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Best remembered for the AM radio classic "Moonlight Feels Right," Starbuck formed in Atlanta in 1974 — singer/keyboardist Bruce Blackman and percussionist Bo Wagner previously served in the sunshine pop outfit Eternity's Children, enjoying fleeting success with the minor chart hit "Mrs. Bluebird." After collaborating on a never-released LP under the moniker Mississippi, the duo again parted ways, with Blackman focusing on his composing career and Wagner hitting the road as Liberace's musical director. When Wagner returned to Atlanta, he formed Extravaganza with vocalist Elgin Wells, keyboardist Sloan Hayes, bassist Jimmy Cobb, and drummer David Snavely; within weeks Wells left the group, opening the door for Blackman to sign on — vocalist Ron Norris and guitarist Tommy Strain soon joined as well, prompting a name change to Starbuck.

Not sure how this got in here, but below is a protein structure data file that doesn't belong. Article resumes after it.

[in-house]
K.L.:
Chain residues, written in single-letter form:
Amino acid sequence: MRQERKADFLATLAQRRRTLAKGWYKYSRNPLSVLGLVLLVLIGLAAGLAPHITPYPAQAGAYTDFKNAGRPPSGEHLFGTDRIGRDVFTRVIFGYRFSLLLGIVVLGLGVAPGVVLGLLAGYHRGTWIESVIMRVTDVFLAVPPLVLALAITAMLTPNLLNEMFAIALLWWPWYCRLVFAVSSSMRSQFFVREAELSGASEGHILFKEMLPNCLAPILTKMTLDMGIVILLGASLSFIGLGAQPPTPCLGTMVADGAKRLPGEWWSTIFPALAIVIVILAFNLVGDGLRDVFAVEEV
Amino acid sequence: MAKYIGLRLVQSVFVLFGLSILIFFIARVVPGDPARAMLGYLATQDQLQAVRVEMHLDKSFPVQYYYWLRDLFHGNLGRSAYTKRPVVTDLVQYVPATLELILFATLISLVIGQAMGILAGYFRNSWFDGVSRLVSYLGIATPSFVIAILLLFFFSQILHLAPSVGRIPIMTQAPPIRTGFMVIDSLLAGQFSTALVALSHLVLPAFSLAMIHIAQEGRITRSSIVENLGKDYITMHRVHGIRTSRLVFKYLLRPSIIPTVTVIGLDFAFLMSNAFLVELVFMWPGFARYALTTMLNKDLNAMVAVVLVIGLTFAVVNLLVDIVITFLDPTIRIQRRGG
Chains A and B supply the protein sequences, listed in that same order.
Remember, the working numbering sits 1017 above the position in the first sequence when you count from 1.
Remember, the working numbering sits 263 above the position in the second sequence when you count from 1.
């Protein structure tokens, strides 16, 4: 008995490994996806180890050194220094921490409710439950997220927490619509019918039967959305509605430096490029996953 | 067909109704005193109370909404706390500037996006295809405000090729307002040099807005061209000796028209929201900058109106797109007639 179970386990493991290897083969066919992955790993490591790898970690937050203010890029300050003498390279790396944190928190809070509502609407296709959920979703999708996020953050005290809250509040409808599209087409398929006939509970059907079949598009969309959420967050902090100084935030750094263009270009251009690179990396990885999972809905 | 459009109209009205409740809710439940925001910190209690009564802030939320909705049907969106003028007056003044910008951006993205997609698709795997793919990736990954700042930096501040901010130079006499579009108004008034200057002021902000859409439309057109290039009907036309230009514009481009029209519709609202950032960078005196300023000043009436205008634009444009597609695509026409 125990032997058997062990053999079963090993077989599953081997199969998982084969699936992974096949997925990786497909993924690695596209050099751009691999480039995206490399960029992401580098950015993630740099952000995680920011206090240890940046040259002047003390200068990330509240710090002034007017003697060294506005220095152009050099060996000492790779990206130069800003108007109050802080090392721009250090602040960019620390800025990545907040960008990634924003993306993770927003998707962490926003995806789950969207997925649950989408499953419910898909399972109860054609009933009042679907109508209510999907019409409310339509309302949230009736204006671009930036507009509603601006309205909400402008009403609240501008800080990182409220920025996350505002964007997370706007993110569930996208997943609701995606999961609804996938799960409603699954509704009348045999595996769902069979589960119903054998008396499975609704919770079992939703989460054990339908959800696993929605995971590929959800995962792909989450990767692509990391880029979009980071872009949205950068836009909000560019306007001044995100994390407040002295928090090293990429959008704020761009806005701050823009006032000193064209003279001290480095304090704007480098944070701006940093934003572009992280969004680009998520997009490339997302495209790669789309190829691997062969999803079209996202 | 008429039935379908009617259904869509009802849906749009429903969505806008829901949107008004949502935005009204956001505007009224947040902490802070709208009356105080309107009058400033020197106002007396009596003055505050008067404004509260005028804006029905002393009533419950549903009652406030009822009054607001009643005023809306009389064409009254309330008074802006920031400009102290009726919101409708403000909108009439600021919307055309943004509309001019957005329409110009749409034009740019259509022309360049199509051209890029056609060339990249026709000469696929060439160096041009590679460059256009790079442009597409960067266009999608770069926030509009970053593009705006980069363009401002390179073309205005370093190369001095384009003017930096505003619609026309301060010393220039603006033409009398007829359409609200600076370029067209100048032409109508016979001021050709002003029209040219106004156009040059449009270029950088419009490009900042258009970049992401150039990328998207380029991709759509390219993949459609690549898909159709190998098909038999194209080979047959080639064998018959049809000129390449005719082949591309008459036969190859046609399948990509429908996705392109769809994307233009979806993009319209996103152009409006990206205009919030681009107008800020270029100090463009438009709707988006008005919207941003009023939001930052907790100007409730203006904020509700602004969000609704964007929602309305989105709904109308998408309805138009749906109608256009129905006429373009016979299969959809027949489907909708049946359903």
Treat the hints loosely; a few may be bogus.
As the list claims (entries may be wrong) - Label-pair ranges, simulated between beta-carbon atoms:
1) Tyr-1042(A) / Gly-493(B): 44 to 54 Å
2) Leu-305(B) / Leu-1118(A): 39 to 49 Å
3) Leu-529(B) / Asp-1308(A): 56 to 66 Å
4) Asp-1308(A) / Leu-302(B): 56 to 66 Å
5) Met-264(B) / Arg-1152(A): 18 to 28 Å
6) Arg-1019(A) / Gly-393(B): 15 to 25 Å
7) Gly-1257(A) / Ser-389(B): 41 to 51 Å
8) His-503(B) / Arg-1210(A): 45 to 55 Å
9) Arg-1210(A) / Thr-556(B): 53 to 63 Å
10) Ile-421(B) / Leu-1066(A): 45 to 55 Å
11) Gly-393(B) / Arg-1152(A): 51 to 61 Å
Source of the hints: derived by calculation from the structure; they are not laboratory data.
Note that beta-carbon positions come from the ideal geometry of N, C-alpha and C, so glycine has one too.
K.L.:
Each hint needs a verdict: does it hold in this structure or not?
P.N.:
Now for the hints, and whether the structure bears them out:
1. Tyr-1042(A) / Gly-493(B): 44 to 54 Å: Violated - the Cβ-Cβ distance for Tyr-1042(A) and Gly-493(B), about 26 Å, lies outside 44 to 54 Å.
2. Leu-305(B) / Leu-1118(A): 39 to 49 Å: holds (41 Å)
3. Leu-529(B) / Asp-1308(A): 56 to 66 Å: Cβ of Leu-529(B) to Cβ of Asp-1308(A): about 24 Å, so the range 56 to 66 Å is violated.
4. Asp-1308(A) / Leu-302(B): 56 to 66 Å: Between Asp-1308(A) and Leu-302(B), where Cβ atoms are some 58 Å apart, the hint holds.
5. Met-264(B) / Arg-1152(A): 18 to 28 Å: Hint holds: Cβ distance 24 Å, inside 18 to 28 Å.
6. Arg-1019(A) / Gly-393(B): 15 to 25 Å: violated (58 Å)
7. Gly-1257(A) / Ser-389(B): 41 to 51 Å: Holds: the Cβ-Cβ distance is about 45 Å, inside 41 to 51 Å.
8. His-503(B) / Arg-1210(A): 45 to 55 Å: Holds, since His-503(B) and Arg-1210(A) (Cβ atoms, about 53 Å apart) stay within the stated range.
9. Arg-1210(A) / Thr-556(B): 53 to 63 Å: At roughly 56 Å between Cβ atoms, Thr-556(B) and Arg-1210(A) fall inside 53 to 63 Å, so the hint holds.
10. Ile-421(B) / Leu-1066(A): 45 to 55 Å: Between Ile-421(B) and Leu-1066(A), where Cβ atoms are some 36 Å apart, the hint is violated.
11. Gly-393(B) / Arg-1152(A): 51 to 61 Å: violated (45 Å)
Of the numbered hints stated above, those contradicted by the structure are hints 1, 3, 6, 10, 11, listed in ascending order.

In mid-1975 the group signed to the Private Stock label, issuing its debut single, "Moonlight Feels Right," a few months later — a quintessential slice of '70s soft pop, the record flopped upon its initial release, but was resurrected in the spring of 1976 by Birmingham, AL, DJ Mike St. John of WERC. As its grassroots popularity snowballed, "Moonlight Feels Right" eventually reached the number two spot on the Billboard pop chart — around this time Strain, Norris, and Snavely all left Starbuck, and were replaced by keyboardist David Shaver, drummer Ken Crysler, and guitarist Johnny Walker, the latter another Eternity's Children alum. The band's sophomore effort, Rock 'n' Roll Rocket, followed in 1977, generating a second Top 40 hit with its lead track, "Everybody Be Dancin'" — however, 1978's Searching for a Thrill failed to chart, and Starbuck dissolved in 1980.